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Who says taxes aren’t funny? Tax Defense Network has exposed some of the silliest tax laws in the United States. State by state, Tax Defense Network uncovered confusing, unpopular, outdated, and just downright wacky tax laws that most taxpayers are unaware of.
Tax-Defense-Network-Tax-Laws.com Shares Silly State Tax Laws
Have you ever heard of a “jock tax”? What about a “crack tax”? Both of these taxes are a reality for taxpayers in some states. State legislators have tirelessly tried to keep individual and business income tax rates low, but have added weird taxes elsewhere (where most people do not notice the few extra pennies leaving their pocket).
The Nobel Prize Tax
To even be nominated for a Nobel Prize means that you have contributed something valuable to mankind for which you may be honored with this esteemed prize. This prize, as discovered by Tax Defense Network, is taxed by the IRS, if you are American. To be able to escape this tax, you must be willing to donate the prize to a charity or the government; they’ll allow you to decide.
Canada in 1885 decided that it could raise revenue by taxing the flood of Chinese immigrants that were coming to the country during the late 19th, early 20th centuries. Tax Defense Network was surprised that this tax stayed in place until 1923, but was even more surprised to find out why it was abolished: the Chinese government banned Chinese people from entering Canada at all. That’s one way to get your point across.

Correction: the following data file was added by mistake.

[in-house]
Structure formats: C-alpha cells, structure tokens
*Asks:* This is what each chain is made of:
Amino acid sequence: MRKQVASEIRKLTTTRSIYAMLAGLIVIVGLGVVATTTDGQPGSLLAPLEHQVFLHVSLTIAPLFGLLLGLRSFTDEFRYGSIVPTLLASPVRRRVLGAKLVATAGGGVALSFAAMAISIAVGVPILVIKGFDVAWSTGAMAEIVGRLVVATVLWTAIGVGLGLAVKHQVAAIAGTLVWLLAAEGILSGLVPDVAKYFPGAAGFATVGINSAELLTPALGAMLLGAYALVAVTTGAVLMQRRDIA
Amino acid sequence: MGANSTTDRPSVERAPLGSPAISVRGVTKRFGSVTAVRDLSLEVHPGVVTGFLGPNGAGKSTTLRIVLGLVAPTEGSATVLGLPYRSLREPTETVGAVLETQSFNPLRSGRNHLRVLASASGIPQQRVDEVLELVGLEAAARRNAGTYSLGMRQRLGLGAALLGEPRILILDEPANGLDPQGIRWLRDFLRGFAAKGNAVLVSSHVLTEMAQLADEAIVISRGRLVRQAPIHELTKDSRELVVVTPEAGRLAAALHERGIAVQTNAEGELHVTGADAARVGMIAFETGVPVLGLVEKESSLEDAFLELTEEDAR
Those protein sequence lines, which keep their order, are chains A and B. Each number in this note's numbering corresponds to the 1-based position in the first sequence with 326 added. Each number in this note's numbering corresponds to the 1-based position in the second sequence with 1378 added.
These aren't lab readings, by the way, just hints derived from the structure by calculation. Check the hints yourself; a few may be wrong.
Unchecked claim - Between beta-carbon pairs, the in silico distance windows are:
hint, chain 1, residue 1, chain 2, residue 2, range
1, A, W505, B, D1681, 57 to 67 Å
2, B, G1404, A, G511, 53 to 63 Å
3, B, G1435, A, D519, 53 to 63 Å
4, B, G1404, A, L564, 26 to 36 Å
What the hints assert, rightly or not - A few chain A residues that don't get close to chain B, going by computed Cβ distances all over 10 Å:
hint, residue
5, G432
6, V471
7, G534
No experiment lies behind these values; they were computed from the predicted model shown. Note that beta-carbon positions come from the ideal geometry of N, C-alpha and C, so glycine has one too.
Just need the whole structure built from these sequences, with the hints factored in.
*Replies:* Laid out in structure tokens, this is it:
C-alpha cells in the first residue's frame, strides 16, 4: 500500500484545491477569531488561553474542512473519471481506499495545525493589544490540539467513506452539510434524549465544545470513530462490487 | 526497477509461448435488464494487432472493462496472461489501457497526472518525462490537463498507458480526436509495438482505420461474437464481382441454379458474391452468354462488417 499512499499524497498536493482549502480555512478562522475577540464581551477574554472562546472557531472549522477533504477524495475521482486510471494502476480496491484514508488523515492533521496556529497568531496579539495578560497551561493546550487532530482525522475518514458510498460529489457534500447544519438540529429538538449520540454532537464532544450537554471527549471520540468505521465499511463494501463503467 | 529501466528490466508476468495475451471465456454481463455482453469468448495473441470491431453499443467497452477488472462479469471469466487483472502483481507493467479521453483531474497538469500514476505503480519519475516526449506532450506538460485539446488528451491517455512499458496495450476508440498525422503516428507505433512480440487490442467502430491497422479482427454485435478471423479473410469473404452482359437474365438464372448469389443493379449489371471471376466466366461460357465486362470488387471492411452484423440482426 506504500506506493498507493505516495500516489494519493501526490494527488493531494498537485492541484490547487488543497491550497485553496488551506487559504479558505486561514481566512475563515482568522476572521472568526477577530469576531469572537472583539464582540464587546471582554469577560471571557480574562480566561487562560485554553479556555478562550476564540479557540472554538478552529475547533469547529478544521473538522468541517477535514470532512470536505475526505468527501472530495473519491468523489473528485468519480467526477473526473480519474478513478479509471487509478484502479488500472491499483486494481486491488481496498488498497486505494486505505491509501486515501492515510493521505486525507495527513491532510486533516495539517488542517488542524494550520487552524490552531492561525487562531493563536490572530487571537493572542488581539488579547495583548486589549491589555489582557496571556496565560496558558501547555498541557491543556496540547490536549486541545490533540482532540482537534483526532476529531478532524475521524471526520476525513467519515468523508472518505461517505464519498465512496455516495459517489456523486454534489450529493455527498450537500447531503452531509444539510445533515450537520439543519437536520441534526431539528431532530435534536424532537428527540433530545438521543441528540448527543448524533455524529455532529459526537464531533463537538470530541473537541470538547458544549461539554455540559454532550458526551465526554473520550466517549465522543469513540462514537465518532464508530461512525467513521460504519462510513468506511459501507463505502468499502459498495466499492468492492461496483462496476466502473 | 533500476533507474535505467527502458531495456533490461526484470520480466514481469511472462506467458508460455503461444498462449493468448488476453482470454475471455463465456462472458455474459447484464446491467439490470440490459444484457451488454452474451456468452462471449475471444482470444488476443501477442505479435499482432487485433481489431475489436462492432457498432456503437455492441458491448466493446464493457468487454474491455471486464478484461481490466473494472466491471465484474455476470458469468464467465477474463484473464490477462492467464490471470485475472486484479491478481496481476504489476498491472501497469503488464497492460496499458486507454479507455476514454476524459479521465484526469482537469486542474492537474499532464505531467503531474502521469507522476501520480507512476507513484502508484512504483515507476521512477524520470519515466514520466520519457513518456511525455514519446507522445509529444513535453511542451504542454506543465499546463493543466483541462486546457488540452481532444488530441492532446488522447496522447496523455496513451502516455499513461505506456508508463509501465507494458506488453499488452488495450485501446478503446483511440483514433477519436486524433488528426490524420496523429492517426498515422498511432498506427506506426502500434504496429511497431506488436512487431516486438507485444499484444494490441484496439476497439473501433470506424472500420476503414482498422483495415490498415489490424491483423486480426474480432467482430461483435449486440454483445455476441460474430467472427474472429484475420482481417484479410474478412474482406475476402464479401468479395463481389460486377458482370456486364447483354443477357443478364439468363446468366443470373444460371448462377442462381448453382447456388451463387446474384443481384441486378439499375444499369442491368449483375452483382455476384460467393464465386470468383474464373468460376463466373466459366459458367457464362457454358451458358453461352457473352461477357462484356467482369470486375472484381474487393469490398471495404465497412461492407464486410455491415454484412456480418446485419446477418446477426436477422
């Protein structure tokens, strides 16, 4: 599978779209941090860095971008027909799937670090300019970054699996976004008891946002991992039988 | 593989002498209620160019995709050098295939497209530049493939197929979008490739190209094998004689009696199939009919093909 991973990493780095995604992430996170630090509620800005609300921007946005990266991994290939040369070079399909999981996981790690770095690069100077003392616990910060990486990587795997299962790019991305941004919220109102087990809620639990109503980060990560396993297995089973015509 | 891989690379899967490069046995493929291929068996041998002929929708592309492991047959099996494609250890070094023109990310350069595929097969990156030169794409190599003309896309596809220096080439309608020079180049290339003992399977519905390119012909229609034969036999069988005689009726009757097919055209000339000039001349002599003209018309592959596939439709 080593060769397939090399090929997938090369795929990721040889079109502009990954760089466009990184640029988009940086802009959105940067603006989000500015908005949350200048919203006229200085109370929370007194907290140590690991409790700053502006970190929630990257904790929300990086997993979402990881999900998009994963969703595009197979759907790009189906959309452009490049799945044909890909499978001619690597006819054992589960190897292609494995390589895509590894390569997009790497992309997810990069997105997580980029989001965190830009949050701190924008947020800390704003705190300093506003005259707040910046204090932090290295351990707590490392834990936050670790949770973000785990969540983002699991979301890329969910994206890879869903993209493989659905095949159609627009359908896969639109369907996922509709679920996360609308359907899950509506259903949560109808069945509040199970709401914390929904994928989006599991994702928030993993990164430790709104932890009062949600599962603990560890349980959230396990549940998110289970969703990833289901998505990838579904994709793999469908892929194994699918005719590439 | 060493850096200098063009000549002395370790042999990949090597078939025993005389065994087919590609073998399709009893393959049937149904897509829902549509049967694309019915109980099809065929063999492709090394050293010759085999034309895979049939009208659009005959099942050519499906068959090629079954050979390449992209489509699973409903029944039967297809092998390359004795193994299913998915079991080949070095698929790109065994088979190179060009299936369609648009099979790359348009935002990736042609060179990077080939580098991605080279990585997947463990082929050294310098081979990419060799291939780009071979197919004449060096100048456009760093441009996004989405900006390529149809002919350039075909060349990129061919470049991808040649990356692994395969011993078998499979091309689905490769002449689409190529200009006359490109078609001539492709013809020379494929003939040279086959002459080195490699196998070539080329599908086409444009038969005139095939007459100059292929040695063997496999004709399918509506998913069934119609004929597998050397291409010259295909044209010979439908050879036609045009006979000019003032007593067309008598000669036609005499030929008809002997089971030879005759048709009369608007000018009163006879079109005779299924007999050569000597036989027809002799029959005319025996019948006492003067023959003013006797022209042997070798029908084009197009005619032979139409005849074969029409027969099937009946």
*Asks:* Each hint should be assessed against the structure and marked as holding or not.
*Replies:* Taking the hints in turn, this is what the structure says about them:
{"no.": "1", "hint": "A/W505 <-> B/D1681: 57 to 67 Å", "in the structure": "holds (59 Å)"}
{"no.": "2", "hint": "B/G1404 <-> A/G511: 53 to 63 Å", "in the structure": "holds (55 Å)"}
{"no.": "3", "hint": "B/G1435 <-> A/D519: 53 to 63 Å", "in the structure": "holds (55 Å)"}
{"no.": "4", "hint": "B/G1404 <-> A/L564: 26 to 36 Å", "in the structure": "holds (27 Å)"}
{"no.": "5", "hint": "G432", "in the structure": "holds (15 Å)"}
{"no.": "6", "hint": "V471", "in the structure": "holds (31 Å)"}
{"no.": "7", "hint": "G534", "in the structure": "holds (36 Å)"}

Tax-Defense-Network-Tax-Laws.com Explores Historical Tax Laws
Before you say to yourself, “Back in the old days, politicians never tried to implement so many taxes,” that is just not the case. Tax Defense Network researched tax laws dating back to colonial times, and it seems as if the tax man was just as creative at coming up with new tax laws as our modern politicians are today.
The Emancipation Tax
In Ancient Rome, newly freed slaves were required to pay a tax for finally becoming free men. The tax levied against them was 10 percent of their former price and needed to be paid once they were set free. As if this tax wasn’t wacky enough, Tax Defense Network also found if a slave owner decided to free his own slaves, he was subject to paying a 10 percent tax on each slave set free.
The Window Tax
In 1696, King William III passed a tax in England that taxed owners/occupiers of homes with a certain amount of windows. Not kidding. Tax Defense Network explains the two tiers of this “Daylight Robbery” tax. The first tier had a flat tax for standard houses, with the second tier fluctuating depending on the amount of windows the house had. For example, a house with 8 windows would only have to pay the flat tax of 2 shillings, but a house possessing 10 -20 windows would pay 4 shillings, and a house with 20 windows or above would pay 8 shillings. Wow!
Tax-Defense-Network-Tax-Laws: Silly Tax Laws Uncovered
Tax Defense Network gives the details on the latest tax laws in the United States. Read more to find out which states have these taxes on the law books, and what politician you will need to call to ask, WTF?